I can now check off faux chenille blanket from my to-do list !!! Aunt Betty sent me directions to this blanket over 3 years ago. It really was not a difficult project. More time consuming than anything and hard on the hands with all the cutting.
I chose Riley Blake's Sasparilla in teal for the print and three coordinating flannels in red, teal and blue for the "chenille". I purchased 1.25 yards of each.
My first step was to wash all the fabrics. Since flannel shrinks quite a bit, I did not want any excessive bunching of the fabrics when I washed the final product. I then laid the Sasparilla print face down on the carpet, stretched and smoothed it in place, then laid down the three flannels and did the same with them. Once I had the four layers stacked and smoothed, I carefully flipped them over and smoothed out any new wrinkles.
The first step to start the sewing process is to draw a diagonal line through the middle of the fabric. I used a measuring tape, a yard stick, two bottles of laundry soap and a fabric marking pencil. The soap bottles were to hold the measuring tape in place. I used the yard stick to get a straight line.....
After I had my line drawn, it was time to start sewing the 168 diagonal lines it would take to make the chenille blanket. I first sewed over the blue chalk line and then used the edge of my walking foot as my guide to finish the other lines.
I thought this was a lot of work, until I got to the cutting part. This was actually the easy step.
I bought a pair of chenille cutting scissors from Joann's. You have to cut through the three layers of flannel but not cut into the fourth layer (my sasparilla print). I was nervous with every line and had to flip the blanket over and make sure I was not getting into the fourth layer. The cutting process was very tedious and hard on the hands. The chenille scissors are very, very sharp. I'll spare you the picture of where I stabbed myself in the thigh with them. On accident of course! I was working on the floor, and the scissors were under my leg. Somehow when I reached to grab them, I pushed them into my leg and made a good sized gash that will take a while to heal.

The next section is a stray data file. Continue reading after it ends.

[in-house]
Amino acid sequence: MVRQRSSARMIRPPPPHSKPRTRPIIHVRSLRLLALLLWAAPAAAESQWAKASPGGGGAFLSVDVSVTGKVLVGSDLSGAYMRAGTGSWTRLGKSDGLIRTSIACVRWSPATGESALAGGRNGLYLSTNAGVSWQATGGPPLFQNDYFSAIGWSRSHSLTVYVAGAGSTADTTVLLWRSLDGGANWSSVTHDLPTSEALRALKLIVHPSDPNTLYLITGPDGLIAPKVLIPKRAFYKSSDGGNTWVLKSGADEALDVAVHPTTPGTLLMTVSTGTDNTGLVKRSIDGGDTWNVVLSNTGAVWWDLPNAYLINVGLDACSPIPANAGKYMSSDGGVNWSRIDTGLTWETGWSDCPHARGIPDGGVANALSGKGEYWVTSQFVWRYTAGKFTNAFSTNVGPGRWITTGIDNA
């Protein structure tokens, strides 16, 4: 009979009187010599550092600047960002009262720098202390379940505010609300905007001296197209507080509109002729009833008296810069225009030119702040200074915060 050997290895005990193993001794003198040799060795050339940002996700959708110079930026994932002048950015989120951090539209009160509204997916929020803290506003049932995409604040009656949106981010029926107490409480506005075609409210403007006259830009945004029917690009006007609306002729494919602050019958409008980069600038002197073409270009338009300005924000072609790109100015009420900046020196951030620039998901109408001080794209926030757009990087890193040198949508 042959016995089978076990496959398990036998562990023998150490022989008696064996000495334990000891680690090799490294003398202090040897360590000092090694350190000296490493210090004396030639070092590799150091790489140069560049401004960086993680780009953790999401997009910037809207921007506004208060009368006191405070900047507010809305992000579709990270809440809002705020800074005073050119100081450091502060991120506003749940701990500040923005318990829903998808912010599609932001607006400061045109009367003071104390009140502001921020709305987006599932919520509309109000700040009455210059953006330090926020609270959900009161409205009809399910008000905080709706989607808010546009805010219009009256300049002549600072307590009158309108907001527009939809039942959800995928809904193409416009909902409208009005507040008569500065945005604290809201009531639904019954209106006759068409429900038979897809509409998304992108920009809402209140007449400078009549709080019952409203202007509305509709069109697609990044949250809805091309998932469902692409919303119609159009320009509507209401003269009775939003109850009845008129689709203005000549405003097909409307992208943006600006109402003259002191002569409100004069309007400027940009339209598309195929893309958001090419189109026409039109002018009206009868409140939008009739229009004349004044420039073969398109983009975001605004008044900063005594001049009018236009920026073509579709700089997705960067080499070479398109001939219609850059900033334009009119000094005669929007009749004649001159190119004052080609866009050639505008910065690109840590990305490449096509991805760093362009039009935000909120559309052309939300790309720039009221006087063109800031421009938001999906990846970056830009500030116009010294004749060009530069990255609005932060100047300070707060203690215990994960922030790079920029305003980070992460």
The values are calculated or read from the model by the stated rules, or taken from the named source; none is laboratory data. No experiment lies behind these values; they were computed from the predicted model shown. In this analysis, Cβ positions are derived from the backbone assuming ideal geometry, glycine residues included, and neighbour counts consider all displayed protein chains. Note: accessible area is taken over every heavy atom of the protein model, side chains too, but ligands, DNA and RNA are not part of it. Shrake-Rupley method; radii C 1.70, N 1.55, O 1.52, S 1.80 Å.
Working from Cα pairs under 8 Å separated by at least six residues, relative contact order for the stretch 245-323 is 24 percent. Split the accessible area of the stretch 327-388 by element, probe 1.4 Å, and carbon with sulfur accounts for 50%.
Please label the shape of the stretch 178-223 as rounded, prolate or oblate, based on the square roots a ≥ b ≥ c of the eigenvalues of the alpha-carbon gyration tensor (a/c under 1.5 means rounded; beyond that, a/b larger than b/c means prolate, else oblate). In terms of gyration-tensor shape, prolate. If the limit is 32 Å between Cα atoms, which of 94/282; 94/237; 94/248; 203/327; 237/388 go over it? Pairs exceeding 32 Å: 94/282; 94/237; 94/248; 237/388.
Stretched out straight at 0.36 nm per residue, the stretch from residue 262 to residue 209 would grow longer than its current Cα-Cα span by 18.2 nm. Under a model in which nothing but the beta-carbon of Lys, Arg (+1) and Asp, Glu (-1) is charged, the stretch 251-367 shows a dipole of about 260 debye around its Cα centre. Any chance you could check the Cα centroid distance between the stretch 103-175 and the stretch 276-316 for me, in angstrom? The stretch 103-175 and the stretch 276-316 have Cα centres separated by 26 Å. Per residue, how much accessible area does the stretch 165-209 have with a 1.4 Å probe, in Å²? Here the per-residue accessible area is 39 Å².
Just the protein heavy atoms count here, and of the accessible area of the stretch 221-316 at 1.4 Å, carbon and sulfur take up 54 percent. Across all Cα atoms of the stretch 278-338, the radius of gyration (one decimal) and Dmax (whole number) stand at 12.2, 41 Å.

After getting all the lines cut and squaring up the blanket, I rounded the corners using a dinner plate as a guide.........
I chose a teal colored satin binding. I stitched it to the flannel side first and then to the cotton print side.
Two of my rounded corners turned out really well. And the other two not so good. The two where the lines ran this way were the prettiest.
This corner.............not so good !
I ran it through a wash/dry cycle twice and here is how the flannels did their "chenille" magic.......
I think it turned out pretty good for my first attempt.....
Lessons learned for next time:
I will use four layers of flannel instead of three. But i will only cut through three of them. You can see the white of the back of the printed fabric through the cut lines, so I want to try to avoid that next time.
I will also make my lines a little further apart. This will make it easier for the cutting process and I'm hoping give a thicker and taller "chenille" look to the blanket.
I won't double the satin binding. I think it's too thin for this blanket and will look better if it's wider.
I used this blogger's tutorial as a visual reference. She gives an easy to follow step by step.
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